July 15, 2024

(Bloomberg) — Chinese President Xi Jinping is unlikely to have the capability to conduct a successful invasion of Taiwan by 2027, according to a top Taiwanese security official, casting doubts on the progress of Beijing’s military modernization plans.

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Taiwan will continue to delay the People’s Liberation Army’s invasion timetable by strengthening its defense capabilities, Wellington Koo, the head of the island’s National Security Council, said Monday at a briefing in Taipei.

“I don’t think it will happen in the near future or at least within one to two years,” Koo said of a Chinese invasion. “If China needs to carry out amphibious landing operations to take Taiwan, I don’t think it will have such capabilities by 2027.”

Koo declined to pinpoint when an attack could happen, saying only that the island that China claims as its own doesn’t see Beijing making invasion preparations. Beijing is already facing uncertainty next year from its own economic downturn, while the world must also deal with the US election, and wars in Europe and the Middle East, he added.

Xi is seeking to build a “world-class force” by 2027, a deadline that coincides with the 100th anniversary of the PLA. Mark Milley, then chairman of the Joint Chiefs of Staff, said last year Beijing’s military won’t be ready to invade Taiwan for “some time.” His successor, Charles Q. Brown Jr., said last week he doubts Beijing plans to try to take Taiwan militarily.

Taiwan is separated from China by more than 100 miles (160 kilometers) of ocean, and its rugged coastline would make an amphibious invasion challenging. While China has the world’s largest navy by number of warships, its forces are largely untested.

Koo said Taiwan would use mobile weapons such as anti-ship missiles, Himars rocket systems, drones and Javelin anti-tank systems to make China’s landing operations more difficult in the event of an invasion. The US will bring forward a Himars shipment by one year to 2026.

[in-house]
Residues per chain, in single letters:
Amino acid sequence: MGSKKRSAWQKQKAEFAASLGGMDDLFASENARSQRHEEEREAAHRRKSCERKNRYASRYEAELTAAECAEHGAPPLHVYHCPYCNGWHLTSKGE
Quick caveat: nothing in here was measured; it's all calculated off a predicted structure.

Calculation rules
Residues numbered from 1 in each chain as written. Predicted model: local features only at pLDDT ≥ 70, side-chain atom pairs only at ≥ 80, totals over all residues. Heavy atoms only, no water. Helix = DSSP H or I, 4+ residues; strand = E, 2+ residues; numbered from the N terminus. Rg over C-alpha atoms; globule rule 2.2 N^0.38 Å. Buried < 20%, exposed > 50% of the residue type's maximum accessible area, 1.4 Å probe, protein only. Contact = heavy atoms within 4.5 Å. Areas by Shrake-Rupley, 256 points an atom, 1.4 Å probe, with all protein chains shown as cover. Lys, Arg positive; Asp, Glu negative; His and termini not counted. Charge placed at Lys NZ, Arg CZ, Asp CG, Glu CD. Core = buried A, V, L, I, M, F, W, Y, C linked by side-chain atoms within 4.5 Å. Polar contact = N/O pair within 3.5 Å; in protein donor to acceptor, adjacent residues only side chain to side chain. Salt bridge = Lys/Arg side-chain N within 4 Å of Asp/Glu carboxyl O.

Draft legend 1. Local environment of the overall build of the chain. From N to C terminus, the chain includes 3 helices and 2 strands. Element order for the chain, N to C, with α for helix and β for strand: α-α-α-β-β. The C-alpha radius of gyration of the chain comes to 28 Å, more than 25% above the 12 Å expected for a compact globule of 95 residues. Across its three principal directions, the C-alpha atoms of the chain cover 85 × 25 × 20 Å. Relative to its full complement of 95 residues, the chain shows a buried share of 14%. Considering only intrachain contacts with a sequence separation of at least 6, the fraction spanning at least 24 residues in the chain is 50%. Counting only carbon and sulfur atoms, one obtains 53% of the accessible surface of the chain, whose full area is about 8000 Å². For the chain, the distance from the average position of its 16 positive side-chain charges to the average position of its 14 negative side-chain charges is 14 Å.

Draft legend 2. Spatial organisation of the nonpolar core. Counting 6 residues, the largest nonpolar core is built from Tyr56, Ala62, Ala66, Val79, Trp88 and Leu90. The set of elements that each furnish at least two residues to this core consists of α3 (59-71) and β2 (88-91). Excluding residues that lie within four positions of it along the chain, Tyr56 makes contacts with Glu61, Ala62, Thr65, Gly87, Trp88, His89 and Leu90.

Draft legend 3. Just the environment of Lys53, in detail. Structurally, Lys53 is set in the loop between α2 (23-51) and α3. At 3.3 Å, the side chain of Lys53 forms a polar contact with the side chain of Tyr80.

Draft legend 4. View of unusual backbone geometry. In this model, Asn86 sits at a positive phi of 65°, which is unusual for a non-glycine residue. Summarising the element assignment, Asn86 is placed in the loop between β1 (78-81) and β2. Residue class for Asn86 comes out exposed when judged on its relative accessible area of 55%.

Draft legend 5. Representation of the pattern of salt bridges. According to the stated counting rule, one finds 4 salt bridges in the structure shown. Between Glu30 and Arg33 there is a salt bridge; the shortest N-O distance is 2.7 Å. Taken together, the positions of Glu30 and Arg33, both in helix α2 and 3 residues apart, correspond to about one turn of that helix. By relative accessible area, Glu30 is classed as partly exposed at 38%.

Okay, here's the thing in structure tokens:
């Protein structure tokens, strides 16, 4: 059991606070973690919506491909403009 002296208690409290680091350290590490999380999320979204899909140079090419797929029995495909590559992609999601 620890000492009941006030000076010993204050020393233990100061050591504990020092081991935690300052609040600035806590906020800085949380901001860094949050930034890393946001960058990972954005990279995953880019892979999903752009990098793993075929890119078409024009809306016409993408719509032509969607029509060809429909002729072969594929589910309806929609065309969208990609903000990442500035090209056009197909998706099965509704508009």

Earlier this month, Koo said the US government is taking steps to speed up the delivery of American weapons systems to Taiwan that have been delayed by factors including shipments to Ukraine.

US President Joe Biden is expected to touch on Taiwan when he meets with Xi this week at a leaders’ summit in San Francisco. Biden has repeatedly vowed to defend Taiwan from any Chinese invasion, in comments that have angered Beijing and brought new uncertainty to Washington’s longstanding policy of “strategic ambiguity” over the island.

Koo said Taipei and the US are discussing a possible meeting between Biden and Taiwan Semiconductor Manufacturing Co. founder Morris Chang at the Asia-Pacific Economic Cooperation summit, where he is Taiwan President Tsai Ing-wen’s special envoy. At last year’s conference, Chang had a brief chat with Xi that didn’t touch on Taiwan Strait tensions.

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Taiwan’s security cooperation with the US remains close, he said, with Washington pushing Taipei on defense reform, whole-society resilience and the construction of asymmetric warfare capabilities.

“The US has a stronger sense of urgency than Taiwan,” Koo said.

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